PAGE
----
Maltapost has raised the price of inbound and outbound mail, saying that its role as the national postal service is costing it more money than it makes. 

The price of a stamp to send a letter locally has increased from €0.30 to €0.37 and sending a letter overseas will set you back €1.25, an increase of €0.39 over the previous tariff of €0.86.

Rates had also increased in 2021.

Maltapost executive director David Attard told Times of Malta that the company was struggling to cope with the adverse effects of the virus pandemic, supply chain issues, rising airfreight costs, Brexit and the introduction of VAT on low-value purchases made from outside the EU, all of which had a negative effect on postal volumes.

He noted, however, that sending a physical letter from literally any place to any other place in the country remains one of the cheapest economic activities in people’s modern lives.

Even with the new tariffs, Malta is still the country with the cheapest postal rates in the EU. Denmark has the most expensive tariffs. Domestic mail in Denmark costs €3.88, in Finland it costs €3.35 and in Italy it costs €2.80.

A study by Deutsche Post found that Malta has sustained the cheapest tariff in the EU every year since 2008.

Maltapost, which is listed on the Malta Stock Exchange, turned a €2.35 million profit in 2021, down from €2.8 million in 2020 and €2.98 million in 2019. 

In the company's annual report for 2021, chairman Joseph Said highlighted concerns about profitability, writing that "Malta Post simply cannot be expected to continue fulfilling certain services at a financial loss."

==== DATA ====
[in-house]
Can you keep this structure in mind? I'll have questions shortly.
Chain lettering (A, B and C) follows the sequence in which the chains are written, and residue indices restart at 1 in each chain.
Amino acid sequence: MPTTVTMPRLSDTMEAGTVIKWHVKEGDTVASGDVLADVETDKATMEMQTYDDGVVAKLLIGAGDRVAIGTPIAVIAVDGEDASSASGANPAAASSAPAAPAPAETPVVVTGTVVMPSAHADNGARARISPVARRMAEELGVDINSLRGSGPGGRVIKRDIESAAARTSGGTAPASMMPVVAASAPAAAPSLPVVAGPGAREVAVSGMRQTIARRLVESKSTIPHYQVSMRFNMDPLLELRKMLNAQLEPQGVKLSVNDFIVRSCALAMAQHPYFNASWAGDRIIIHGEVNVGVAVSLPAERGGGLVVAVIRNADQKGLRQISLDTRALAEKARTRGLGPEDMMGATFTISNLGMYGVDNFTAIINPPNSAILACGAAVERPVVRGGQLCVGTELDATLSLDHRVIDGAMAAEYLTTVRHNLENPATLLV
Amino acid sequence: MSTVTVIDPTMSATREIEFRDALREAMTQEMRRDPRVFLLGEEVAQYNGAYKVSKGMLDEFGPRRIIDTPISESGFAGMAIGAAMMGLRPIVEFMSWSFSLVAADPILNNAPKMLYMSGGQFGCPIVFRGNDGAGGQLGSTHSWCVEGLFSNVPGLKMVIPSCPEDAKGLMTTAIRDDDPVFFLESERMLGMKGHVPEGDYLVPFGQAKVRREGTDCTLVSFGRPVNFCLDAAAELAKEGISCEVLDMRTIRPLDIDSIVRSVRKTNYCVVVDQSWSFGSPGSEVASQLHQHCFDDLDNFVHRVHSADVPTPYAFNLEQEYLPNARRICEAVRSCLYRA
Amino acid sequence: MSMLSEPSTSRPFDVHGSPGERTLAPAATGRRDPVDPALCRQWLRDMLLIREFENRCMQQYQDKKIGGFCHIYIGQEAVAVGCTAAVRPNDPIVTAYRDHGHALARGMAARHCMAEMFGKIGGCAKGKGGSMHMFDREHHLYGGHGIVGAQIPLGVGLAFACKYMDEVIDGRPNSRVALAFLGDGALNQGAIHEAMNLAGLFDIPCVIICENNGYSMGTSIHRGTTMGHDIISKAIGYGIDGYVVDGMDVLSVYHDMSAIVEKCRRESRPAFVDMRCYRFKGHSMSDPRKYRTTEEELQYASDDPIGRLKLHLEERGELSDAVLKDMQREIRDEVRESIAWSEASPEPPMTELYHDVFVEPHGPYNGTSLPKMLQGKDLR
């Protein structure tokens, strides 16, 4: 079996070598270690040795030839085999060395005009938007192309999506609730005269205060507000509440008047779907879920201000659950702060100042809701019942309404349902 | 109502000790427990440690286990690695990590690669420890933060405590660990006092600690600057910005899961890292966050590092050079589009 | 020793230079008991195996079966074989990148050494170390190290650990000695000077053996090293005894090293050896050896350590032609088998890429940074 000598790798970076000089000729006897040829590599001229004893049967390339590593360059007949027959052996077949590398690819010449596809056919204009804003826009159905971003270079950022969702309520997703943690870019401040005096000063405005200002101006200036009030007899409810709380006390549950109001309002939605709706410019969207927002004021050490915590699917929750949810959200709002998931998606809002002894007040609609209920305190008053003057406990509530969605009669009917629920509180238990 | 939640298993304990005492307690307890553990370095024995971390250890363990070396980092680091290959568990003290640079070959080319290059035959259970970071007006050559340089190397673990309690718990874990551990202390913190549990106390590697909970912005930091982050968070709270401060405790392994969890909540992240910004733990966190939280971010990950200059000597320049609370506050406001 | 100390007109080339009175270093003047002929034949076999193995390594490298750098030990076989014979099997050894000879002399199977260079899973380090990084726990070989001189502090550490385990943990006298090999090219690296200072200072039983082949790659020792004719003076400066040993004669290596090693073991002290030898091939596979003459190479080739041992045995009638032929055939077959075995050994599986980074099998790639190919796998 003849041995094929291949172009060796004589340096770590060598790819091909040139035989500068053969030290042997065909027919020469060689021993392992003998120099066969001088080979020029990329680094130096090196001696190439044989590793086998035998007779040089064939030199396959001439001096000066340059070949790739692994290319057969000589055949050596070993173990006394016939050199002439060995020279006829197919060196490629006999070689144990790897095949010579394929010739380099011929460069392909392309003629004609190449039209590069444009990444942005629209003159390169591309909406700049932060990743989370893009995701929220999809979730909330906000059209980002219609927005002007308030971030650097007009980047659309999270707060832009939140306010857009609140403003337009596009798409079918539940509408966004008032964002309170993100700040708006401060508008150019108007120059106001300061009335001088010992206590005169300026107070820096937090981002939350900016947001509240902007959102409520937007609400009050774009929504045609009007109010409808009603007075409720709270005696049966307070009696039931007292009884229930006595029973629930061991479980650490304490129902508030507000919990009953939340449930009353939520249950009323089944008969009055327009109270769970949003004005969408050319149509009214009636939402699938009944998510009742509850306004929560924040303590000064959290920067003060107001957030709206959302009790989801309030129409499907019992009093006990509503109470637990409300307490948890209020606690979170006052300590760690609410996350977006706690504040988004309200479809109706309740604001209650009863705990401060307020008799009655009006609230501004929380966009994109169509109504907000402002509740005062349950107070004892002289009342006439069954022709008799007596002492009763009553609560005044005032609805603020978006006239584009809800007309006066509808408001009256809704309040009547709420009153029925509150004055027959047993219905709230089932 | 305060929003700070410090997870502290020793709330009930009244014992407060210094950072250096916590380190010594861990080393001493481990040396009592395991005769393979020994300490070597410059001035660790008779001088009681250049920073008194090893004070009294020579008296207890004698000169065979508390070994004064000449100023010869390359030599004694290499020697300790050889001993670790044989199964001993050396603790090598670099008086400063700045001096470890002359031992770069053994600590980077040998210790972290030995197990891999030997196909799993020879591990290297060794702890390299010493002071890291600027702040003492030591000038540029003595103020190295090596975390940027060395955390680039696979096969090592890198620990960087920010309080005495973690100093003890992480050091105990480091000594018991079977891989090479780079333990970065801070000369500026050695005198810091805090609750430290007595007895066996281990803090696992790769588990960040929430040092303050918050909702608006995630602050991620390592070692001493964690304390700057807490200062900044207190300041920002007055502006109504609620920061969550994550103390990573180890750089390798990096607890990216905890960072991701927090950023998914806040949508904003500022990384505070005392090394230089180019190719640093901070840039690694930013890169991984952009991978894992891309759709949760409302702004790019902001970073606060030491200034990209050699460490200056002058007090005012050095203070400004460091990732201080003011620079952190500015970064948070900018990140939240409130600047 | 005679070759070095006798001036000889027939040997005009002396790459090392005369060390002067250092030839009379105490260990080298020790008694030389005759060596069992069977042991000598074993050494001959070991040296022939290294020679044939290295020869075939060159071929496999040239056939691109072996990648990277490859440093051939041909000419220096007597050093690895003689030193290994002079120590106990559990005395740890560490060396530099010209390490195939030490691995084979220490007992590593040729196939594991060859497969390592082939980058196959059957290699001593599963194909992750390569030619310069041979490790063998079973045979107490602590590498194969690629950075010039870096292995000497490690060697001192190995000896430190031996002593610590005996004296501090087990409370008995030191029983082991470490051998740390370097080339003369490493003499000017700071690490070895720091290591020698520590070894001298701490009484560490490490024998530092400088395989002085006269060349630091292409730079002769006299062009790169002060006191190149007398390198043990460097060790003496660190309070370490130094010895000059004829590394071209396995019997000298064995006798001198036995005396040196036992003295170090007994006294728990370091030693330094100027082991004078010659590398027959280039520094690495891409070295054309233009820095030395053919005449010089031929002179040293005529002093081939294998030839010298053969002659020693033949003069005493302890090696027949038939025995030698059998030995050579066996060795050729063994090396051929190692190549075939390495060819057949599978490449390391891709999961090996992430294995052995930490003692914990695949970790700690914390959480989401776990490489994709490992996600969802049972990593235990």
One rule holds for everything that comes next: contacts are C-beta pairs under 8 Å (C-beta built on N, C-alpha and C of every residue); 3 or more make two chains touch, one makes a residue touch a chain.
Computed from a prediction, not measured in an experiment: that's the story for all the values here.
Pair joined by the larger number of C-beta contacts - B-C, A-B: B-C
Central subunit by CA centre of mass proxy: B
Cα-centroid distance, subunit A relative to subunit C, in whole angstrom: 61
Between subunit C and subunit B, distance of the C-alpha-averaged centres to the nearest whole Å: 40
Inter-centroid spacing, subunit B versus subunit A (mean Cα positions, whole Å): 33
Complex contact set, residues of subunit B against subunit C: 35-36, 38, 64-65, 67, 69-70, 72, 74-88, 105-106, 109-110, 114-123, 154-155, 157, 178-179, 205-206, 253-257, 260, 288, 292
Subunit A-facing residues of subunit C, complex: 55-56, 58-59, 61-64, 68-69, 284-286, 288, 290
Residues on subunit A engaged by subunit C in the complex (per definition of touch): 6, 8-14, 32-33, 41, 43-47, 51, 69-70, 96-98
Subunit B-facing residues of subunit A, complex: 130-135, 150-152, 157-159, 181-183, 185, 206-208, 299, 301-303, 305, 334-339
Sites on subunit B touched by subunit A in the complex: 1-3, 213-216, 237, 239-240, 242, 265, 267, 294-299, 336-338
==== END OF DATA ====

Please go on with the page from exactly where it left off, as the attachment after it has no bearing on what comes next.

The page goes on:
Maltapost's service obligation

Maltese law binds Maltapost with a universal service obligation. This means that the company must provide an affordable service to each person in the country, no matter where they live or where they wish to send their mail.

To fulfil this obligation, Maltapost deploys nearly 800 personnel six days a week to collect mail from about 600 letter boxes around the country.

They process all the letters and deliver them within the next day. It does not matter whether the letter box in Għarb has just one letter because Maltapost must send someone to collect it. And if it is addressed to someone in Birżebbuġa, Maltapost is obliged to deliver it the next day at the same rate, those few cents.

The EU Postal Services Directive determines postal affordability by calculating how long a worker must work to earn enough cash to afford to post a letter.

On average, a worker in Europe has to work 4.24 minutes to be able to afford a letter.

A worker in Malta must work just 1.38 minutes before they are able to afford it. And only Swiss workers have it better than the Maltese.

Attard explained that, as for the overseas mail, Maltapost not only must collect the letters from local letter boxes, process them, screen them for security purposes and send them to the airport, it must also pay the bulk of the tariff to the postal company in the other country to deliver the mail.

Furthermore, the law also prohibits Maltapost from raising mail tariffs without the approval of the Malta Communications Authority (MCA).

Consequently, earlier this year, Maltapost asked the MCA to approve a revision of tariffs on its postal services, arguing that it is operating its universal service obligation at a loss.

Last month, the MCA agreed to a select number of upward tariff revisions but Maltapost remains concerned.

“While these are, of course, welcome, they still do not fully address the core issue; namely that the company continues to deliver a number of universal service obligation services at a loss,” it said in a statement.

Attard said that Maltapost has managed to keep all of its 41 post offices open, despite the rising costs. He also said that, contrary to popular belief, the company has no monopoly over postal services in Malta. It must compete with other mail delivery companies.

He said the company is also going green, deploying over 80 electric vehicles to reduce its carbon footprint.

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